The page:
Similarly, Therival (1999a, 1999b) also asserts that stress and tragedy are not essential elements of creative productivity. He offered a model of creativity that includes the following components: genetic endowment (G), parental or other "confidence building" assistances (A), and misfortunes (M). According to Therival, creativity can develop in individuals who experience great misfortunes as long as there are also great assistances present. He distinguished between creators who are dedicated (have high levels of genetic endowment, many assistances in youth, and no major misfortunes) and creators who are "challenged" (have high genetic endowment, some assistances, and some misfortunes). Both produce creative work, but the "challenged" personalities are more overtly driven to prove themselves and to receive recognition (Therival, 1999b). Therival also noted that psychologically abusive childhood challenges that elicit anger are less likely to result in creativity in substantive work.
Most families experience more moderate levels of stress and tensions--more aptly called challenges--and it appears that these can be positive influences for children, depending upon how they are interpreted and handled by families. It is also true that family-environment factors interact with others, such as a person's basic constitution, which may make a person more or less vulnerable to stress and more or less resilient and able to cope with challenges (Olszewski-Kubilius, 1997).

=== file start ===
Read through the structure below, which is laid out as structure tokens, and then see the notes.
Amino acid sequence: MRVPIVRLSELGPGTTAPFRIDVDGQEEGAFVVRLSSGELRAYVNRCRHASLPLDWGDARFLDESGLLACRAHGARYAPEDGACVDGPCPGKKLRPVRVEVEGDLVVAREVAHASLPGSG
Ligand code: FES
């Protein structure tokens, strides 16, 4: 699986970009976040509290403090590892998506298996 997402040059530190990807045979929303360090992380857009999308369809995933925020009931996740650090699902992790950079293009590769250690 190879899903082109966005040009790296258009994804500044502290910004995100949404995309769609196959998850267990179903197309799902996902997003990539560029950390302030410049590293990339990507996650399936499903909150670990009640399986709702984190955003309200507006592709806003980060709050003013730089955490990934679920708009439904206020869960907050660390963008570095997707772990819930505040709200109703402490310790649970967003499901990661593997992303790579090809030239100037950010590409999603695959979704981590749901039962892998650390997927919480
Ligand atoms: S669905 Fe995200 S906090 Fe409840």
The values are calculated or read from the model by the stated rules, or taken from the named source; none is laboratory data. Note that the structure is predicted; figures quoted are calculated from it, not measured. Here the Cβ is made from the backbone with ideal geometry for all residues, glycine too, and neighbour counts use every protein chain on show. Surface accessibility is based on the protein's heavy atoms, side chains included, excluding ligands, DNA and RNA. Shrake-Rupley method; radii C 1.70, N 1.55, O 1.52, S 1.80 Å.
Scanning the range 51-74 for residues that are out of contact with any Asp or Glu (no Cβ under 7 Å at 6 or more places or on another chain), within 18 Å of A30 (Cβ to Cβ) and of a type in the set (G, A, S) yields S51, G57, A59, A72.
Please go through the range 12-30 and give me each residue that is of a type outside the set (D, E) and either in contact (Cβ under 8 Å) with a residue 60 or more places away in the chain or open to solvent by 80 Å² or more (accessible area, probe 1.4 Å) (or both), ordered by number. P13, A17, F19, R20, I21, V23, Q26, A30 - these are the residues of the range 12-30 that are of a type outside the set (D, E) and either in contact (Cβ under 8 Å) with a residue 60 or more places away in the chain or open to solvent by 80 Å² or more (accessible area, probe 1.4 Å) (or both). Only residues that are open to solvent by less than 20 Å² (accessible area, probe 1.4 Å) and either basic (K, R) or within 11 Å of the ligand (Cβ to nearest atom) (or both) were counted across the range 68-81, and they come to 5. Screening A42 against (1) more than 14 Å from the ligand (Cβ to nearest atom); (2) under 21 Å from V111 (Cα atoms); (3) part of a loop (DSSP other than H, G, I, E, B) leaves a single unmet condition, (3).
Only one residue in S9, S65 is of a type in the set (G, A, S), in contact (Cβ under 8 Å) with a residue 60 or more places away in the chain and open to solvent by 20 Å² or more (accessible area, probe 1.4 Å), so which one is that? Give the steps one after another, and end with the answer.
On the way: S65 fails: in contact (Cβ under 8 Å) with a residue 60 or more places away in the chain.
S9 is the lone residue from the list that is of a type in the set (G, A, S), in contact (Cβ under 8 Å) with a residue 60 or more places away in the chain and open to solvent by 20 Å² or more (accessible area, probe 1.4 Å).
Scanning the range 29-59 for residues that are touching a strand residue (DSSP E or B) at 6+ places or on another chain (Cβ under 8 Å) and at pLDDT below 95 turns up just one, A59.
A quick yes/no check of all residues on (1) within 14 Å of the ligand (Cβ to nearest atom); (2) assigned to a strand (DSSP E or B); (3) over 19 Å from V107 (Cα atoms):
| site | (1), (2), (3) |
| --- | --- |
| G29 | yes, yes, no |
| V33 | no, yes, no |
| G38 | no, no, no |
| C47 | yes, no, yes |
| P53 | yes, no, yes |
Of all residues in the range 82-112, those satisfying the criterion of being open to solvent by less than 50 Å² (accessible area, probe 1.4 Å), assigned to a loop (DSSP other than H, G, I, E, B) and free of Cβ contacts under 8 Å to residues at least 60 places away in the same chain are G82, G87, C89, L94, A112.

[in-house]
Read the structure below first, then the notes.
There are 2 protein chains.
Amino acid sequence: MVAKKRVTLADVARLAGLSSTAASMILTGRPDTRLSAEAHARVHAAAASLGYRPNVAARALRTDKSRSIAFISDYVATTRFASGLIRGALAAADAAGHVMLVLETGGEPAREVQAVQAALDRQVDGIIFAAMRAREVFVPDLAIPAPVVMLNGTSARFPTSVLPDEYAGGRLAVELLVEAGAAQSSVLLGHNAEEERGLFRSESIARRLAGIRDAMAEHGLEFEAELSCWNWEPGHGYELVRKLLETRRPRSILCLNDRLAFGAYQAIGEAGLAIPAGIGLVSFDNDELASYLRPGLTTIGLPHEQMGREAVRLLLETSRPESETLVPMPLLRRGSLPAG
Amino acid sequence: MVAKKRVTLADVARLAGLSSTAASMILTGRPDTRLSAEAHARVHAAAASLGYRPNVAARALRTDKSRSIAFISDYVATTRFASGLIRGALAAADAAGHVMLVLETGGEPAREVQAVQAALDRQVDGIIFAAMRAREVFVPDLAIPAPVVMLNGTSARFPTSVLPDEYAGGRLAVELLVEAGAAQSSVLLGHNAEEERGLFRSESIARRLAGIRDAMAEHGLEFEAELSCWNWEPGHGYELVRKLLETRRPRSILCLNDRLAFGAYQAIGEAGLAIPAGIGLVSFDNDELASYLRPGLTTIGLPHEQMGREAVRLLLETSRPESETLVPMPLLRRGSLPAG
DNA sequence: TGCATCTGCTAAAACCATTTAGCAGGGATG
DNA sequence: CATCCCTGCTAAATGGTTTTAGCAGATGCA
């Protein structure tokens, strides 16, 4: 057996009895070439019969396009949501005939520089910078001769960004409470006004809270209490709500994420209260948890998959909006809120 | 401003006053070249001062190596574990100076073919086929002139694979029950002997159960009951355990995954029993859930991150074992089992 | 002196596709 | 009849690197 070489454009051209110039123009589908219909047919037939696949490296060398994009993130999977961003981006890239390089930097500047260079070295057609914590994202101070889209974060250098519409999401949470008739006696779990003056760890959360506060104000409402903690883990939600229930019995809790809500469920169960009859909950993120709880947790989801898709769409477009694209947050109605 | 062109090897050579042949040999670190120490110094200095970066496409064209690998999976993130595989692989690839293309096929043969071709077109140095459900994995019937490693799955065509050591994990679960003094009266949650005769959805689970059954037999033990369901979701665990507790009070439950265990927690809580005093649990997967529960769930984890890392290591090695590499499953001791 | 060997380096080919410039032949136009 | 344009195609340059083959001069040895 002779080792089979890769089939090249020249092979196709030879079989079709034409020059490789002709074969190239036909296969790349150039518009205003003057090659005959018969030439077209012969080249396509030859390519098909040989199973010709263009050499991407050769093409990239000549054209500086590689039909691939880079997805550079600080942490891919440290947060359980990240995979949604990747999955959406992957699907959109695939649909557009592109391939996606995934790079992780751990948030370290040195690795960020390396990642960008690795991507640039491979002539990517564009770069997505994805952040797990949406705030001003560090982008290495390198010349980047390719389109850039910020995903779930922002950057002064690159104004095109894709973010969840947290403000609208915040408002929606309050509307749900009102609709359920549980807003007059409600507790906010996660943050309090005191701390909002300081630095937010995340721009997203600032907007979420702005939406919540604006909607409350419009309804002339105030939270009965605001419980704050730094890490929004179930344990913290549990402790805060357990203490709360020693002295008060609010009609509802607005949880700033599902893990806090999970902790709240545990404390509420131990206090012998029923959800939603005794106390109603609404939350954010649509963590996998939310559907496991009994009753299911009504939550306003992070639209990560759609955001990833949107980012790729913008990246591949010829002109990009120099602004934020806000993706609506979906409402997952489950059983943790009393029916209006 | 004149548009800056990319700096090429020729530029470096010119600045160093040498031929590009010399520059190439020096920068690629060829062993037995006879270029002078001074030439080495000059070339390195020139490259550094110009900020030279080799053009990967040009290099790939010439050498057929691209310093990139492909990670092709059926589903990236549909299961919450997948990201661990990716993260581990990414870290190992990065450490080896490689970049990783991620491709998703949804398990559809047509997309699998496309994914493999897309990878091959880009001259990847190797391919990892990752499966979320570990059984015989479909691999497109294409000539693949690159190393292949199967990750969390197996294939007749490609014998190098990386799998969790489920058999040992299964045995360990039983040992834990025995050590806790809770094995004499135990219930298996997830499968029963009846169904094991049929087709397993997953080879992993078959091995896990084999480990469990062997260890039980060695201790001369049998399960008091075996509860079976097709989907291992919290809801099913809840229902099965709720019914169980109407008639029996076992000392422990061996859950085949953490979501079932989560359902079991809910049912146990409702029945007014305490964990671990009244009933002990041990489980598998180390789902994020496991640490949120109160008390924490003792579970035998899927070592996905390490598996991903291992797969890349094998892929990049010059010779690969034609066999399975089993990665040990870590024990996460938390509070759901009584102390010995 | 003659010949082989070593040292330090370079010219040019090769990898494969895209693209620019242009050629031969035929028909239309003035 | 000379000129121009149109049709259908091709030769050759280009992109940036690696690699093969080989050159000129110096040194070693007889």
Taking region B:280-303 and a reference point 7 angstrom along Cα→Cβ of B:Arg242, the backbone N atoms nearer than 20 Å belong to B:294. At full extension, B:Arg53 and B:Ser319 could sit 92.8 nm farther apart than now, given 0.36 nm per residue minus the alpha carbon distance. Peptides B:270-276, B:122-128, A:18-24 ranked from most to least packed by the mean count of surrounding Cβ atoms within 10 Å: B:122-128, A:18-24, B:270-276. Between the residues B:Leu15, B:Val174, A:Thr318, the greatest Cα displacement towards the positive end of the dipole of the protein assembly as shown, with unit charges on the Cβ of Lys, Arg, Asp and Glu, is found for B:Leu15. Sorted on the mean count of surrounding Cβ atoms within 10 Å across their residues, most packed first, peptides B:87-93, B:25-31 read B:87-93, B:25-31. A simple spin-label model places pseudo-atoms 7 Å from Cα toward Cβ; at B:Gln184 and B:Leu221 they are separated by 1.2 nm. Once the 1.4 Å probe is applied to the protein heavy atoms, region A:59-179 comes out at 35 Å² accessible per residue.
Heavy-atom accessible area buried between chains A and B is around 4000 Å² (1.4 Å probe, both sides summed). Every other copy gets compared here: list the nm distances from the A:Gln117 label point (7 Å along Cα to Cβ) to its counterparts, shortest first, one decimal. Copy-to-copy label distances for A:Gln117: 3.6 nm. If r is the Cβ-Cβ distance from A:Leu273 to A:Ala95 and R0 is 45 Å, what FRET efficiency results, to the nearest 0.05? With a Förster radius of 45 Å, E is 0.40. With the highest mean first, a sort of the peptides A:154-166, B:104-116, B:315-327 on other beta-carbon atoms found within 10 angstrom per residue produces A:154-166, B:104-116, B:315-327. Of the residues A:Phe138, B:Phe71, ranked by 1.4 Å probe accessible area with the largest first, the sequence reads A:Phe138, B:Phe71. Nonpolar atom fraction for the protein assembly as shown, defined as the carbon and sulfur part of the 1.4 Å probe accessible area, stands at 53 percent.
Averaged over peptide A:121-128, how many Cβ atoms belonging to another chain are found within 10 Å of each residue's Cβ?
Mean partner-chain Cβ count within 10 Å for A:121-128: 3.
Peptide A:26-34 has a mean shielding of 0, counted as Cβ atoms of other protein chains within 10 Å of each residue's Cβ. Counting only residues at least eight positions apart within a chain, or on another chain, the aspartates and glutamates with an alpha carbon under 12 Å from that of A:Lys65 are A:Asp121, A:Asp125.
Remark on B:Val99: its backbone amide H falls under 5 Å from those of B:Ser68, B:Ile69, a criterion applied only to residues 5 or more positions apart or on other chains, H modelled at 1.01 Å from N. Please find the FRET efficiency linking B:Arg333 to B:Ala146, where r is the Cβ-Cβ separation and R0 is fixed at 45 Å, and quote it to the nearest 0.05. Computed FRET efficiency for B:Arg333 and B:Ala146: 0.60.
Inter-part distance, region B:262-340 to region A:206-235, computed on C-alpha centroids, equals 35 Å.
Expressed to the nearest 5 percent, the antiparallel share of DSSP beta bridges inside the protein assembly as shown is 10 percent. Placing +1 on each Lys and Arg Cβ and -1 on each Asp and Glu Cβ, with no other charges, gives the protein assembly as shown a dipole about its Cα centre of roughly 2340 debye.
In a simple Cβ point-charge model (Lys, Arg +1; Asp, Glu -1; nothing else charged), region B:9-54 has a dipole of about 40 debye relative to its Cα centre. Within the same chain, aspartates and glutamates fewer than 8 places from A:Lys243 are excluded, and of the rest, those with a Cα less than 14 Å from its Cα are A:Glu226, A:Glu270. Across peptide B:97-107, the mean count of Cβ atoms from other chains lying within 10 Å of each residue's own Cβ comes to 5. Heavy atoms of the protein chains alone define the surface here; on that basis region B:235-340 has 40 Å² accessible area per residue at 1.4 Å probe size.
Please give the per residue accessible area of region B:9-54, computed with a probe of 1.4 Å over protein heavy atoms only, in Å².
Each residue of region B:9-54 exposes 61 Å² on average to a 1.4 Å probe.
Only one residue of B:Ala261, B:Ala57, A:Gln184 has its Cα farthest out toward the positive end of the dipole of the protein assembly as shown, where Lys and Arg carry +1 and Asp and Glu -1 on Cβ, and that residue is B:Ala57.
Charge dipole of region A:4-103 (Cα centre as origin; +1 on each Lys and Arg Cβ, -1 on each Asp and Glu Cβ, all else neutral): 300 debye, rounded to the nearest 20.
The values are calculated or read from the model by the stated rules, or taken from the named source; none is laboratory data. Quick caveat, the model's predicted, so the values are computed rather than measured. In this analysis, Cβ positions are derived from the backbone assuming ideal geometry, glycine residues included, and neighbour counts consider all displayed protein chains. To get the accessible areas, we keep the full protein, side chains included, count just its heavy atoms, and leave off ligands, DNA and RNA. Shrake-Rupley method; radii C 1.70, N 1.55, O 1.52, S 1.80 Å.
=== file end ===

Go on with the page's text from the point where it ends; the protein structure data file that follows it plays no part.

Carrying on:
Therefore, parenting styles that help a child to find his or her own identity, rather than prescribe it, allow for open expression of ideas and independent thought; reduce parent-child identification, but not necessarily affiliation or affection; and provide support in the presence of challenges, which aids in the development of talent and creativity and good mental health. Parents need to establish and maintain bonds with children, bur also allow them autonomy, independence, and psychological and emotional space. They can be very involved in their child's achievement, directly and actively supporting it, but not overly invested in it emotionally or psychologically.
Parents also help children to succeed by allowing them to experience and cope with challenges and difficulties in their lives. Parents should not shield or try to protect children from risks or hard work. Parents also need to allow children to experience the tensions and stress that arise from challenging ideas and high expectations to live up to one's potential. They can support the development of coping strategies for stress, such as a rich internal fantasy life, use of time alone to decompress and rejuvenate, expression of emotions via creative work, active use of leisure time, and other ways that help children gain control over their circumstances.